Keeping up with employment and pension measures

The September 2017 Finance Bill contains two measures that will affect both employers and employees.

Termination payments
Originally announced in the 2016 Budget, the new rules will now come into force from 6 April 2018 and introduce a new concept of postemployment notice pay (PENP). This effectively excludes from the £30,000 exemption any amounts that would have been subject to PAYE and national insurance contributions (NICs), if the employment had continued. It will do away with the distinction between contractual and non-contractual payments in lieu of notice (PILONs), and may result in tax on payments of compensation for loss of office.

Also from 6 April 2018, all taxable termination payments will be subject to employer’s NICs. So in the example below, Stephanie’s employer will have to pay NICs on £16,000, whereas under present rules there is no NIC liability. Employers will need to factor in the additional cost when planning termination payments.

In addition, the foreign service relief for termination payments to internationally mobile employees will be abolished and replaced by a more limited exception in certain cases of non-UK employment.

Example
Stephanie earns £64,000 and is entitled to three months’ notice. Her employment is terminated without notice and she is paid £25,000 compensation for loss of employment and £16,000 as a non-contractual sum in lieu of notice.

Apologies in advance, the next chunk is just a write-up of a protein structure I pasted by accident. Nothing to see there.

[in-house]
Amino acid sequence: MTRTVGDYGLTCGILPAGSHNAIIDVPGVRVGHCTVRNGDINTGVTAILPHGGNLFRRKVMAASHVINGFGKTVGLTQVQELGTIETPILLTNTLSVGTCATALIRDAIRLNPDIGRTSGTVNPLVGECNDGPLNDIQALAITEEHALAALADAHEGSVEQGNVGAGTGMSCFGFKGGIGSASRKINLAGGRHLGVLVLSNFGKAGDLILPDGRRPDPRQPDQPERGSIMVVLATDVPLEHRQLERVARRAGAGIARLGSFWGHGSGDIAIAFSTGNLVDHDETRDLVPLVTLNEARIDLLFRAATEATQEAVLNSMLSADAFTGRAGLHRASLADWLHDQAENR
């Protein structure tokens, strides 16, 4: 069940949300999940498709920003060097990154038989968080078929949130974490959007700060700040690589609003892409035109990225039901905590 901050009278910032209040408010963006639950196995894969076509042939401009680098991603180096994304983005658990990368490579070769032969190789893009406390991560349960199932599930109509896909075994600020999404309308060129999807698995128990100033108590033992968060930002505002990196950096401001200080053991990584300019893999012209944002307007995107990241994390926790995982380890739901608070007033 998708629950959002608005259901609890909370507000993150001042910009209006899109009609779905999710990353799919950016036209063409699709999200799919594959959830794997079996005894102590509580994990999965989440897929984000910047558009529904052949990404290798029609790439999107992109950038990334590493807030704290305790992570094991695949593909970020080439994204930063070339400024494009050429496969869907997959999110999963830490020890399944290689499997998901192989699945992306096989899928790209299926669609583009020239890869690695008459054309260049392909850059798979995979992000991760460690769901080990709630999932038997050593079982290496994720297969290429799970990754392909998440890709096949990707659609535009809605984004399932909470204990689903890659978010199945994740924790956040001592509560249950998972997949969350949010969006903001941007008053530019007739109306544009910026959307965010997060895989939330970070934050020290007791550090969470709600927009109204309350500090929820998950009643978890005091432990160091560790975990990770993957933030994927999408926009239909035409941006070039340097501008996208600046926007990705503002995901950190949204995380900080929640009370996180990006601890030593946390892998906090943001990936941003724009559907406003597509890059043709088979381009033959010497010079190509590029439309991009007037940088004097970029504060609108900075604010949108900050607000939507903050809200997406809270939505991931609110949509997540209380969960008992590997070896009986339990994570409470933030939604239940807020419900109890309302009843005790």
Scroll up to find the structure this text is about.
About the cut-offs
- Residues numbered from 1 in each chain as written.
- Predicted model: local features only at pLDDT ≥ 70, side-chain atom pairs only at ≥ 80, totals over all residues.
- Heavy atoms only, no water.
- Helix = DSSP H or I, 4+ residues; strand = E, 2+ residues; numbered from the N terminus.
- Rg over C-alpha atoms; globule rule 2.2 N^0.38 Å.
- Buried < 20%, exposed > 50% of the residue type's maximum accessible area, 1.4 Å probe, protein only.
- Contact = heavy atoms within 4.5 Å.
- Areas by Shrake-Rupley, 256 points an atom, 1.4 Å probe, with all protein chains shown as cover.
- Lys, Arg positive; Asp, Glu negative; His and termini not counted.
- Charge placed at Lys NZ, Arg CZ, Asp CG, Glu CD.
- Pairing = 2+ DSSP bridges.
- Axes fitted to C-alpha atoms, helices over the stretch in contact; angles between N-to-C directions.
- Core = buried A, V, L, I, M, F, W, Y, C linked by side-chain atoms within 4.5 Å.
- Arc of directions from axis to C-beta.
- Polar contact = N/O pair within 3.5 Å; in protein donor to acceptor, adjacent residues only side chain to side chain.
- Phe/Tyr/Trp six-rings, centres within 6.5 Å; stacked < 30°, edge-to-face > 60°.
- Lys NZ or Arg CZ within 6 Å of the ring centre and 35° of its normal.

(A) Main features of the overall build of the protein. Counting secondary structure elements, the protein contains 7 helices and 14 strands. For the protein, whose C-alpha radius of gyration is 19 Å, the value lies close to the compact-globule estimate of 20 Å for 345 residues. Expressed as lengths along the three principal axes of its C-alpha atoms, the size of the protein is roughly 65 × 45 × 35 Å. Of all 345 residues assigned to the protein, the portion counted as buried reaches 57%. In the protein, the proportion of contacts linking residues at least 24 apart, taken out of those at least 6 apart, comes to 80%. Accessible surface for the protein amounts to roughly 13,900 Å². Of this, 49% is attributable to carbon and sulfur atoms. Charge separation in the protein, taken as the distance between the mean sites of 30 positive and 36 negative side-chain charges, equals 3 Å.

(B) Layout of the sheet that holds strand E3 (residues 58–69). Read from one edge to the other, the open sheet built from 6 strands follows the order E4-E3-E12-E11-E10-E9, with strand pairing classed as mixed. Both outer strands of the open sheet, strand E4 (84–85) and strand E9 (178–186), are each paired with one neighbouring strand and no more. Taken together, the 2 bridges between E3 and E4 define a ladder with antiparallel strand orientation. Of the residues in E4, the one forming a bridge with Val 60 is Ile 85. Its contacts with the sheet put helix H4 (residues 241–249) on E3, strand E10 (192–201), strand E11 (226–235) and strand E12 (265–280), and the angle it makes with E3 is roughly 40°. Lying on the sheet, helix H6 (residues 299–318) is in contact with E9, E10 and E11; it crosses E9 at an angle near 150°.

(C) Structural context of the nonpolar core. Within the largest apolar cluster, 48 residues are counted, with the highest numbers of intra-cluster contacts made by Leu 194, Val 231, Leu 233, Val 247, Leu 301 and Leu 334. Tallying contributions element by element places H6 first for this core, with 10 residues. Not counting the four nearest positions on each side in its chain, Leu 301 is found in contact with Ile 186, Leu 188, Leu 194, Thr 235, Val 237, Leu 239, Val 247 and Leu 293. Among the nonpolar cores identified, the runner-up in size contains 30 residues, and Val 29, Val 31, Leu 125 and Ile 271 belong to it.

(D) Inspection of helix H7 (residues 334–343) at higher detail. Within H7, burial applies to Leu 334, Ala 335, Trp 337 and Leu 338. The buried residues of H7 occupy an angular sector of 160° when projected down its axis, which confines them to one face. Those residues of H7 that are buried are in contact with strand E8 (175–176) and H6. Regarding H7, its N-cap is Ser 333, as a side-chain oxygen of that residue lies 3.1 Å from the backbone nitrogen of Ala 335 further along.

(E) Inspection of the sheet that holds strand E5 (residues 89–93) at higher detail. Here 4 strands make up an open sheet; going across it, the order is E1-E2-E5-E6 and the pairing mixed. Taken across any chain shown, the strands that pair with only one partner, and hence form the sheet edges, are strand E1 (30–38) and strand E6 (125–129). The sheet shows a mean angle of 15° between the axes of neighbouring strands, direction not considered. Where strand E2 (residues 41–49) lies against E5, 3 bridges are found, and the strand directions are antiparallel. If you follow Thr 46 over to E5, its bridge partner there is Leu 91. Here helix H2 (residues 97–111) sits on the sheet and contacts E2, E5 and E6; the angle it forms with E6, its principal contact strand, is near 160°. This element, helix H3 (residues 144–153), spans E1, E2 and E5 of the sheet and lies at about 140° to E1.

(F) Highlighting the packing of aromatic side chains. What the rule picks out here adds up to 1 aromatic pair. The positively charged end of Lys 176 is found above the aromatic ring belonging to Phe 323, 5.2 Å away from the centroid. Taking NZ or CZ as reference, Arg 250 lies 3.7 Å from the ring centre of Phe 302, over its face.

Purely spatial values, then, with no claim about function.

The PENP is £16,000 - the amount Stephanie would have earned if working the notice period.

So of the total payment of £41,000, £16,000 is taxable and £25,000 is covered by the £30,000 exemption. Under current rules, £11,000 would be taxable after deducting the £30,000 exemption from the whole payment.

Pension allowance cut
Another measure that has reappeared in the Finance Bill currently before Parliament is the reduction from £10,000 to £4,000 in the money purchase annual allowance (MPAA) for pension contributions. The normal annual allowance is £40,000. The MPAA is not triggered if the individual only draws the tax-free lump sum, or purchases an annuity.

The change affects individuals who flexibly access their pension benefits, but make further contributions to a money-purchase scheme. The reduction to the MPAA has been backdated to 6 April 2017, the original start date before it was dropped from Finance Act 2017.

If you have exceeded the £4,000 MPAA, you must report the excess on your tax return and it will be subject to tax.